Other Oneness Organizations

Other Oneness Organizations
By Fred J. Foster

In this chapter we shall devote our thoughts to those formative years from the events of the last chapter to the formation of the United Pentecostal Church. Many happenings are in evidence to bring about such a merger of strength over those twenty years of time. It must be remembered that this is an area of Oneness history that nothing whatsoever has been written about. As a historian, I have pursued various sources to dig up the events that are recorded here, and I must admit it has not been an easy task. Several who could have gone into more detail have already passed on to their reward, but others have willingly helped, and I am most grateful.


A. D. Gurley wrote, “The Pentecostal Ministerial Alliance began its formation in October, 1924 in the city of Chicago, at the invitation of Pastor A. D. Urshan. It was actually considered at this time to begin an organization called the Apostolic Church of Jesus Christ.

“From this meeting, Whittington began the Apostolic Church of Jesus Christ in St. Louis, and the Pentecostal Ministerial Alliance was founded in Jackson, Tennessee. However, it was 1925, when it was actually organized and named. There were two General Conferences in 1925, the first one was held in Jackson, Tennessee in the month of February. The second one was in St. Louis, Missouri in October.” (1)

McClain states that, “It was not intended to be a general church organization but an alliance of ministers, merely to care for all the needs of the ministry, and that every local church with its pastor was to be a sovereign government of its own.” (2)

To head this new alliance of ministers, the prominent evangelist L. C. Hall was chosen as General Chairman. To fill the Secretary-Treasurer office, Howard A. Goss was selected. Later he was to be asked to step up to the chairmanship.

This loosely-organized alliance of ministers was to continue for several years, with continual growth and blessing, until a stronger incorporation was formed in 1932.


There was quite a lot of dissatisfaction, though, with the Pentecostal Ministerial Alliance in some quarters. It was thought by many to be too loosely organized, and also too open for people who did not believe in the Oneness message and the truth of baptism in the name of Jesus.

Many, wanting to take a much stronger stand on this giant issue of the day, decided to bring together another church group that would strongly adhere to this idea.

In a Tri-State Conference, representing Oklahoma, Louisiana and Texas, held at Houston, Texas in October of 1925, plans were laid to do so. From this beginning the Emanuel’s Church in Jesus Christ came into being. The Chairman was W. H. Lyon, and the Secretary was G. C. Stroud. O. F. Fauss was a third member of the board of organization. A. D. Urshan was in this convention, and encouraged its conception. Urshan was a very popular speaker of that era and had a great amount of influence.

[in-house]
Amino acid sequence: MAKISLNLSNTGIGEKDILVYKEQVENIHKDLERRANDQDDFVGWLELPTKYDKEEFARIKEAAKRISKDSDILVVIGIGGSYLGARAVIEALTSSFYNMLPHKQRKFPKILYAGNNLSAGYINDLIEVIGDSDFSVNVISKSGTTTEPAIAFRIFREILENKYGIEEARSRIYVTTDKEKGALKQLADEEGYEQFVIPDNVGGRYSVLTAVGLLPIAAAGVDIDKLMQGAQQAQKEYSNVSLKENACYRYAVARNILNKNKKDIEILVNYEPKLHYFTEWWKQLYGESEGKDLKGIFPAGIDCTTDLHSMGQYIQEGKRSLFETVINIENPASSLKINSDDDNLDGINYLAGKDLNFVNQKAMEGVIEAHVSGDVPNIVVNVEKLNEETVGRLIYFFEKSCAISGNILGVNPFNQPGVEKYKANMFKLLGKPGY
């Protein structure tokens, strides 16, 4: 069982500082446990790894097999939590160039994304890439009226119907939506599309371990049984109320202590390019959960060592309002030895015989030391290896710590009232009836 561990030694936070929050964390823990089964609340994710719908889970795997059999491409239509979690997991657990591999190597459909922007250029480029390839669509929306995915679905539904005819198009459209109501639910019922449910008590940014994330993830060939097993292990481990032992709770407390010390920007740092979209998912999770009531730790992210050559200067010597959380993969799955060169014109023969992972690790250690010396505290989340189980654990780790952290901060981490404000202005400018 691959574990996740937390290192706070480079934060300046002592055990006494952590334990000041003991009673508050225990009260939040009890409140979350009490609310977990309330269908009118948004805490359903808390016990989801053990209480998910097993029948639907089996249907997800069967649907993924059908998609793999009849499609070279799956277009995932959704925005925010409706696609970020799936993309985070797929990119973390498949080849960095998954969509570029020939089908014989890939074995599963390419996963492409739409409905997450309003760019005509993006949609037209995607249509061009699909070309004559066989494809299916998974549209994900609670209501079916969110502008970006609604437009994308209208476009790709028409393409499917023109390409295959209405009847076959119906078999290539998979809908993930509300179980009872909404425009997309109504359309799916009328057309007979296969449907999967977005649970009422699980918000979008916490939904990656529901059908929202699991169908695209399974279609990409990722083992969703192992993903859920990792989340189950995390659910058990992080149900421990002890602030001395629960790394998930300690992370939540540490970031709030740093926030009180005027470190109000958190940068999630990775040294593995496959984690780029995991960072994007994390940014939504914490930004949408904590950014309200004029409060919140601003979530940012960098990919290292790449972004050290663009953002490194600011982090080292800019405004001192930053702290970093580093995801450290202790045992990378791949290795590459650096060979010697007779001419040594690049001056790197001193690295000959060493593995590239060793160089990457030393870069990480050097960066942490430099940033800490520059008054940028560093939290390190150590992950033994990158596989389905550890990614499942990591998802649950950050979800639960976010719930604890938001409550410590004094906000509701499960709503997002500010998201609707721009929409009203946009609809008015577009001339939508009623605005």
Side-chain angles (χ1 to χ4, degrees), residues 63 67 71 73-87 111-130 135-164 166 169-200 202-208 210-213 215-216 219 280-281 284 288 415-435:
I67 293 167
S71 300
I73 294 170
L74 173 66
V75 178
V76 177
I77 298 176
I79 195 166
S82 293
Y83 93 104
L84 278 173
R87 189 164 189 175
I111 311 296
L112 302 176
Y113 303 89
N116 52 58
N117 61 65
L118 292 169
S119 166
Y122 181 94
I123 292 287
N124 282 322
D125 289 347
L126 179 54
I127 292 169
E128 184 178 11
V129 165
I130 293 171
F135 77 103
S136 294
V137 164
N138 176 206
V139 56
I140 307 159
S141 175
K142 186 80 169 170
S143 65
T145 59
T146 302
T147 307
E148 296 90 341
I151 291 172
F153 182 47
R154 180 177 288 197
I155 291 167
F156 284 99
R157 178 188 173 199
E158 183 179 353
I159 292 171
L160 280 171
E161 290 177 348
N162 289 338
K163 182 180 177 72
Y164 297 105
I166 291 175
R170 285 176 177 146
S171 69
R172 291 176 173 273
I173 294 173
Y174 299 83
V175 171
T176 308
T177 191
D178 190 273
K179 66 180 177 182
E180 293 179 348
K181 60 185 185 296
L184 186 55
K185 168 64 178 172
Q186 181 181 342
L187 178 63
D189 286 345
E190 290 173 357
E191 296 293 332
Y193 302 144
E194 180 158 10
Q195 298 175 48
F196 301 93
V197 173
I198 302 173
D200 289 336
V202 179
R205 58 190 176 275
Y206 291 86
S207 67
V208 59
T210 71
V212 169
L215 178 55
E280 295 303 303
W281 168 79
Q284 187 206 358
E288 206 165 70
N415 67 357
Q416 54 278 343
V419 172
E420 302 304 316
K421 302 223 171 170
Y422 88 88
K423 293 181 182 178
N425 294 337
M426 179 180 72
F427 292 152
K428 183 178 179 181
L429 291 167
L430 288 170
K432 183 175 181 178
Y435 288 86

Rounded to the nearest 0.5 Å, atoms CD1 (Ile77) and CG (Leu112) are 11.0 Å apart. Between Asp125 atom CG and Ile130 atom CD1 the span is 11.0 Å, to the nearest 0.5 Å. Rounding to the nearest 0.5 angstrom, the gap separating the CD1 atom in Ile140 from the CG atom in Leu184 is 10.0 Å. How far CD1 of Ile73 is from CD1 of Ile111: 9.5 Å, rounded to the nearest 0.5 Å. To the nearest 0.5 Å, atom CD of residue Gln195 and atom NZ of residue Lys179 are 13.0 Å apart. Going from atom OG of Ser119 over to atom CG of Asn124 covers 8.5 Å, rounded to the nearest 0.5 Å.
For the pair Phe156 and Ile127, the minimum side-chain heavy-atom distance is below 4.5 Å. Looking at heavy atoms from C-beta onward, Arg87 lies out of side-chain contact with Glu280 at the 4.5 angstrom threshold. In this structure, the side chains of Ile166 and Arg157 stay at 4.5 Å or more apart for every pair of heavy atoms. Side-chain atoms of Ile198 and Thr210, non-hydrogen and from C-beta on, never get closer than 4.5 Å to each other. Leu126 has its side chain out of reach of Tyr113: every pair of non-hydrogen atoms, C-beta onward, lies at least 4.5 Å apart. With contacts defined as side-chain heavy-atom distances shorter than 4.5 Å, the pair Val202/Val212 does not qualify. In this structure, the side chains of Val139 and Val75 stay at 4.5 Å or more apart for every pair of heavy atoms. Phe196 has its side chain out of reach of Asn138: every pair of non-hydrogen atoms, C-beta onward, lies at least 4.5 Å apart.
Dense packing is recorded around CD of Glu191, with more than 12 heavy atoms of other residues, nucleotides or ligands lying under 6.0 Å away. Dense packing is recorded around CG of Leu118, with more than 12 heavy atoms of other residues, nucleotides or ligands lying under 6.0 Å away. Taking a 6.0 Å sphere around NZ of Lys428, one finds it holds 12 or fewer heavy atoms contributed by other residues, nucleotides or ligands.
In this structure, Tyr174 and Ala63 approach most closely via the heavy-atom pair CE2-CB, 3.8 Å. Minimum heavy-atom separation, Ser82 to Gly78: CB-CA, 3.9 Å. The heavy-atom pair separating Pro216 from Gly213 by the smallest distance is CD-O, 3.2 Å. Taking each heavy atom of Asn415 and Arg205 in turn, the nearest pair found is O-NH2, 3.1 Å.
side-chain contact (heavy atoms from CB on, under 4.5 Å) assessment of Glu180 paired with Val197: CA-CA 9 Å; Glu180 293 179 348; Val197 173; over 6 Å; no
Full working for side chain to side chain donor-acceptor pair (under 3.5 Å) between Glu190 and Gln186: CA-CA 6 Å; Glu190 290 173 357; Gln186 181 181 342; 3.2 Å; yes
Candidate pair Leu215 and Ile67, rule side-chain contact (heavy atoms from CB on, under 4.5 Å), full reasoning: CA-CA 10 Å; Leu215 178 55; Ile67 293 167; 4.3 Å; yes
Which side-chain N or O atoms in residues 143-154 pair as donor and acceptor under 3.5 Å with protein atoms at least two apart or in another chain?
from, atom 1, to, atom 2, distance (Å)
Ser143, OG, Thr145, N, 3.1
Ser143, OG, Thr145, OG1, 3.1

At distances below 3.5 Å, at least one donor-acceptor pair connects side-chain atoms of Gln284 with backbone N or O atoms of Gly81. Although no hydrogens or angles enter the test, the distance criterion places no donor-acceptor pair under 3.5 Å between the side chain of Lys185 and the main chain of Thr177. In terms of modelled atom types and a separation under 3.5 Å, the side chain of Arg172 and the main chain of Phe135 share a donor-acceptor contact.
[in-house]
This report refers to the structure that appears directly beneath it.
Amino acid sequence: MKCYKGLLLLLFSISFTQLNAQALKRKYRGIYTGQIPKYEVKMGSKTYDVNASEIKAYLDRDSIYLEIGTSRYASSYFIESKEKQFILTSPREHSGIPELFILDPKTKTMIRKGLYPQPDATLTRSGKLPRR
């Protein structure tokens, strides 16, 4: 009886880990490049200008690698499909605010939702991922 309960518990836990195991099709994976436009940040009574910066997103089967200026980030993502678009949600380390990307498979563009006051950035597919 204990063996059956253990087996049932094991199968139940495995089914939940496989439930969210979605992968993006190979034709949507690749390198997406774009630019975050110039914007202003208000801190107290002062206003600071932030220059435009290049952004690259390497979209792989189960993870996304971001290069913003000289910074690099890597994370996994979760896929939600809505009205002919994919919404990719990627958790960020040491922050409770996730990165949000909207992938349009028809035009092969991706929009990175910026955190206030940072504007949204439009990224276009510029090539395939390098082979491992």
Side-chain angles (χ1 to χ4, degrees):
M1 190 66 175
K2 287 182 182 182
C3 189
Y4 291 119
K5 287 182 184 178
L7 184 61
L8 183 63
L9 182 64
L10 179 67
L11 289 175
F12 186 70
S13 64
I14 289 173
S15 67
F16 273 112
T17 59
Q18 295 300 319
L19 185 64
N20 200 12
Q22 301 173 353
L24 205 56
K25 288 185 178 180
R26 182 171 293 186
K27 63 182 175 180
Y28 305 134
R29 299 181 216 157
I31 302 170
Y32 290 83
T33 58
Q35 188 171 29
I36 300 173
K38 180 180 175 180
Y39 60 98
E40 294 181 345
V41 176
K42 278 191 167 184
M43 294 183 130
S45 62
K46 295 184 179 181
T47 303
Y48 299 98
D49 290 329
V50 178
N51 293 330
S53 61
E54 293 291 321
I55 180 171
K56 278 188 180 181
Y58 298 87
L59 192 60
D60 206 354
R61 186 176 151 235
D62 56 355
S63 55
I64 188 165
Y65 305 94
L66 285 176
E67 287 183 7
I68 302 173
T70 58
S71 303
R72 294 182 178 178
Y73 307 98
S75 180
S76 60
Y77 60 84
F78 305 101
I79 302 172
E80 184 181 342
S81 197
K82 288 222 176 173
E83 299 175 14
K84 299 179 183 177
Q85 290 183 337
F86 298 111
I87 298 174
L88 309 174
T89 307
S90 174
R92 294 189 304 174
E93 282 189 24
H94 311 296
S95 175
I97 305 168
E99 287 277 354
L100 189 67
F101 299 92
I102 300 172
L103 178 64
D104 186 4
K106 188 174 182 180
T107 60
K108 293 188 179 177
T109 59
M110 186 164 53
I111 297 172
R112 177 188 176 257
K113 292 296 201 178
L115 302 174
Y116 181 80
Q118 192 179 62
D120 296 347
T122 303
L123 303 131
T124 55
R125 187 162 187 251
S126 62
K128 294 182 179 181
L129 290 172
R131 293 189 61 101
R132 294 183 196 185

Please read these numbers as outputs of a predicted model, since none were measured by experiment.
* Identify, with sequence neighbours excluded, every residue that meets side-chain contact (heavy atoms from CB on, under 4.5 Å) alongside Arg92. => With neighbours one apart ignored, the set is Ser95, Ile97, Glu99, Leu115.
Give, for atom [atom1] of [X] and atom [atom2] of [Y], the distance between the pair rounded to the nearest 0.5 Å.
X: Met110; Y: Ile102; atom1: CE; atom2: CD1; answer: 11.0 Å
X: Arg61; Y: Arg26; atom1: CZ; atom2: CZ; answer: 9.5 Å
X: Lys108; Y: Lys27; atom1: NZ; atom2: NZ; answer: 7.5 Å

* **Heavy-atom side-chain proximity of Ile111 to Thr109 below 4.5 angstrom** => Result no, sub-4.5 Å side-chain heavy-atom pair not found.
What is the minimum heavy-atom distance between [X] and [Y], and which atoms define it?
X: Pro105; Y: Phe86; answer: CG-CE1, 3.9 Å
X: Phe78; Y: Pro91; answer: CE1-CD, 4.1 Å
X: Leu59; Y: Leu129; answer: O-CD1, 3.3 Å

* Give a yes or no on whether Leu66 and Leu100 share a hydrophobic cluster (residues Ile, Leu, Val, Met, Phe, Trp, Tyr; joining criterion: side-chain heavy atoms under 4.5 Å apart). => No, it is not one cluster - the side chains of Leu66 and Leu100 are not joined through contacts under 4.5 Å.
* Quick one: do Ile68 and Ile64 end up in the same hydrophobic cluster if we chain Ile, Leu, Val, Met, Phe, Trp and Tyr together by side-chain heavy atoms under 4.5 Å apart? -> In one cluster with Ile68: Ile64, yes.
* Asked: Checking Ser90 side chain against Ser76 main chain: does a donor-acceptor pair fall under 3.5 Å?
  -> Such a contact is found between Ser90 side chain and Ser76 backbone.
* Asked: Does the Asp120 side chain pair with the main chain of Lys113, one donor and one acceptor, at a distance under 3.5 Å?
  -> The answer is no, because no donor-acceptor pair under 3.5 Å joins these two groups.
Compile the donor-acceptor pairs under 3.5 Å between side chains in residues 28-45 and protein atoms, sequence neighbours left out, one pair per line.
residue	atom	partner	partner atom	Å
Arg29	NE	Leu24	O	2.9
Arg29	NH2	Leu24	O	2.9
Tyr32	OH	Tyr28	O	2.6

An event that changed the course of many churches in Louisiana and Texas for almost twenty years took place in 1927, when a difference of opinion arose among the brethren of the Emanuel’s Church in Jesus Christ. Several of the ministers and churches in Louisiana and Texas decided to leave the Emanuel’s Church in Jesus Christ and take membership with the Pentecostal Ministerial Alliance. Certainly the P.M.A. was happy to have this sudden windfall. Their representation in these two states became, overnight, quite large. This tells the story of the two divergent groups in these areas through the next two decades.

Gradually across the nation the two groups were planting churches. Sometimes in the same cities there would be churches representing both organizations; this becoming more prominent later, when the two were known as the Pentecostal Church, Incorporated and the Pentecostal Assemblies of Jesus Christ.APOSTOLIC CHURCHES OF JESUS CHRIST

About the same time the Pentecostal Ministerial Alliance and the Emanuel’s Church in Jesus Christ was being thought about, another endeavor in organization was being considered. After the Chicago meeting, W. H. Whittington and Ben Pemberton became convinced of the need, and “incorporated a small work in the city of St. Louis in 1925, and chartered it under the name of Apostolic Churches of Jesus Christ.” (3)


Sincere, honest and Spirit-led men are peaceful men. They endeavor to keep peace in the overall polity, even when minor differences arise. If they can find a peaceful solution, they will pursue that end. This is not to say that principles will be forsaken and convictions will be rudely thrown aside, but to the contrary.

Basically, most Oneness people have believed in repentance, baptism in the name of Jesus and the receiving of the Holy Spirit with the initial evidence of speaking in tongues, along with a consistent life of holiness. These have been the cardinal truths which have rallied these people together from the beginning. From this time on, we shall gradually see a coming together of the people of this distinct Biblical truth.